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dc.contributor.authorSyrgkanis, Vasileiosen_US
dc.date.accessioned2015-01-07T20:57:43Z
dc.date.available2019-08-19T06:01:26Z
dc.date.issued2014-08-18en_US
dc.identifier.otherbibid: 8793480
dc.identifier.urihttps://hdl.handle.net/1813/38938
dc.description.abstractWe provide a unifying theory for the analysis and design of efficient simple mechanisms for allocating resources to strategic players, with guaranteed good properties even when players participate in many mechanisms simultaneously or sequentially and even when they use learning algorithms to identify how to play and have incomplete information about the parameters of the game. These properties are essential in large scale markets, such as electronic marketplaces, where mechanisms rarely run in isolation and the environment is too complex to assume that the market will always converge to the classic economic equilibrium or that the participants will have full knowledge of the competition. We propose the notion of a smooth mechanism, and show that smooth mechanisms possess all the aforementioned desiderata in large scale markets. We further give guarantees for smooth mechanisms even when players have budget constraints on their payments. We provide several examples of smooth mechanisms and show that many simple mechanisms used in practice are smooth (such as formats of position auctions, uniform price auctions, proportional bandwidth allocation mechanisms, greedy combinatorial auctions). We give algorithmic characterizations of which resource allocation algorithms lead to smooth mechanisms when accompanied by appropriate payment schemes and show a strong connection with greedy algorithms on matroids. Last we show how inefficiencies of mechanisms can be alleviated when the market grows large in a canonical manner.en_US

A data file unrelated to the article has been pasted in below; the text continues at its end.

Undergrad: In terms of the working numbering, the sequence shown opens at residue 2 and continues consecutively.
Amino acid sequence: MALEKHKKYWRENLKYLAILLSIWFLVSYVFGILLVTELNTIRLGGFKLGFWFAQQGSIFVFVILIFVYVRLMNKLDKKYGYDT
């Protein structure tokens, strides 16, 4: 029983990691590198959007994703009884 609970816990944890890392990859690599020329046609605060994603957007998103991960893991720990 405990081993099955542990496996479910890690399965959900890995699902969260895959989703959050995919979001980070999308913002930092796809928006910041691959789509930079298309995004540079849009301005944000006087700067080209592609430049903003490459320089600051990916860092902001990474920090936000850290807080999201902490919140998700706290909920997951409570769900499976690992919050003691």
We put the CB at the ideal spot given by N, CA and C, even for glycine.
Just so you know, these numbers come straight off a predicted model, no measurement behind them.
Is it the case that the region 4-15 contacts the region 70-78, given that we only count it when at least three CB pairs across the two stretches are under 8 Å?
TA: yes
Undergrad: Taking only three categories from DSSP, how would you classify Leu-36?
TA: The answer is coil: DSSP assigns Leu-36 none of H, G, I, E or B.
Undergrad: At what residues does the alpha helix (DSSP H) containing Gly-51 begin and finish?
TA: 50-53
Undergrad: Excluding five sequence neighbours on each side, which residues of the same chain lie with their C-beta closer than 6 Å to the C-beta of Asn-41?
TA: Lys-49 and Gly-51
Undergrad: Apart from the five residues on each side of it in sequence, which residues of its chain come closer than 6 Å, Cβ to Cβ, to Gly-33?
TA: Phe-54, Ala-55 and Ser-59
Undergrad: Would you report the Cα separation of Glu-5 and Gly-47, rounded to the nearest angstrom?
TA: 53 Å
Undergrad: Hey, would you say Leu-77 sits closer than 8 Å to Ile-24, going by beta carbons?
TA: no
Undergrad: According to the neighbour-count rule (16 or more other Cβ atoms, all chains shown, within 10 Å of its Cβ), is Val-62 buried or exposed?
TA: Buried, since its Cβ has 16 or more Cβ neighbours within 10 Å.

dc.language.isoen_USen_US
dc.subjecttheoretical computer scienceen_US
dc.subjecteconomicsen_US
dc.subjectprice of anarchyen_US
dc.titleEfficiency Of Mechanisms In Complex Marketsen_US
dc.typedissertation or thesisen_US
thesis.degree.disciplineComputer Science
thesis.degree.grantorCornell Universityen_US
thesis.degree.levelDoctor of Philosophy
thesis.degree.namePh. D., Computer Science
dc.contributor.chairTardos, Evaen_US
dc.contributor.committeeMemberSirer, Emin G.en_US
dc.contributor.committeeMemberBlume, Lawrence Edwarden_US
dc.contributor.committeeMemberKleinberg, Robert Daviden_US


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